Professor Rod Sheaff's research focuses on the relationships between organisational structures, production processes and policy outcomes in the health sector, and in public sector and 'third sector' organisations more widely. He has conducted research in these topics in the UK and a number of other countries (including Germany, Italy, Sweden, Russia, USA).
Current and recent research projects including co-commissioning with third sector organisations, the Patient Safety Collaboration Evaluation Study and Integration and Continuity in Primary Care.

Integrated care

With an ageing population, there is an increase in the number of people living with one or more long-term conditions; health and social care services are coming under increasing pressure. Rising and increasingly complex demand is forcing health and social care services to re-think and re-design the provision of service to assure good quality of care whilst ensuring services remains affordable.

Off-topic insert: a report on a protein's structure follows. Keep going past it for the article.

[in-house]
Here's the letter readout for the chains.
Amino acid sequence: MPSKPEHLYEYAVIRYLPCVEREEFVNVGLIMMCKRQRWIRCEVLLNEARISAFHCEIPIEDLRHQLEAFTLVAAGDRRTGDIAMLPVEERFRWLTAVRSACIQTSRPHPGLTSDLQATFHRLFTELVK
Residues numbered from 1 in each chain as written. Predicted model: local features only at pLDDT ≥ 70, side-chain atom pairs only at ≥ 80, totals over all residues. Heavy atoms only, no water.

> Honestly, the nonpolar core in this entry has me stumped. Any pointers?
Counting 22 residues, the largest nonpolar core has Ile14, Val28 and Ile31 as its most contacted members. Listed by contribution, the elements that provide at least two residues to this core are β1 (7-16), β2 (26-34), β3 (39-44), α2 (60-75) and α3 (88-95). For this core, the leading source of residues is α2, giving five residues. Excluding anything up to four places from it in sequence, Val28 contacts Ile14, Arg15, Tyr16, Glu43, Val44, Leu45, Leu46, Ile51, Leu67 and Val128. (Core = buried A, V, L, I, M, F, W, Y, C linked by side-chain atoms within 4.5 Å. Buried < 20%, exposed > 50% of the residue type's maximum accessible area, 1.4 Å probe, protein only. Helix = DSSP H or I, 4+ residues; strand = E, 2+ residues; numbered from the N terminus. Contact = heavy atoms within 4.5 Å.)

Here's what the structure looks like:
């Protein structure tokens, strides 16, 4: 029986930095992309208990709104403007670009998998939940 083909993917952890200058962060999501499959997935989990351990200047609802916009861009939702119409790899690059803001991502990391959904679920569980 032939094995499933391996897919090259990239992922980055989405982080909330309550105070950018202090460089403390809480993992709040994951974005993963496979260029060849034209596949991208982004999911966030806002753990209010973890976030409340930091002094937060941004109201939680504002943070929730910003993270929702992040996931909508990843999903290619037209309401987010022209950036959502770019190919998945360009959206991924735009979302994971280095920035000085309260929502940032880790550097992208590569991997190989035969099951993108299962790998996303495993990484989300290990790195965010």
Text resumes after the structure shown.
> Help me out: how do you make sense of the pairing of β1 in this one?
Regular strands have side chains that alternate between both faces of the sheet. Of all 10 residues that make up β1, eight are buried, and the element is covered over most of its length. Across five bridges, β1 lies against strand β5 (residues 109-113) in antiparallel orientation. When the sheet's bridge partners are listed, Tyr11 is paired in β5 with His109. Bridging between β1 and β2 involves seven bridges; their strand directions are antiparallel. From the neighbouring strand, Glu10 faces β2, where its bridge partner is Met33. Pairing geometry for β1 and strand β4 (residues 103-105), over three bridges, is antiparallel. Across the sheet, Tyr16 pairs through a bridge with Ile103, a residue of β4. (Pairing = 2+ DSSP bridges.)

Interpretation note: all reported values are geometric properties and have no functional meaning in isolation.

Working with services in Torbay and South Devon, PIHR researchers ( Byng, Elston, Gradinger, Asthana) have evaluated a range of innovations in integrated health and social care, from enhanced intermediate care services to the use of multi-disciplinary health and wellbeing teams. This work is part of a wider programme of research on Person Centred Coordinated Care, which has involved the development of frameworks to measure experiences and outcomes in multimorbid patients and organisational readiness for integration as well as carrying out a series of service evaluations ( Lloyd).

Remote Assessment and Management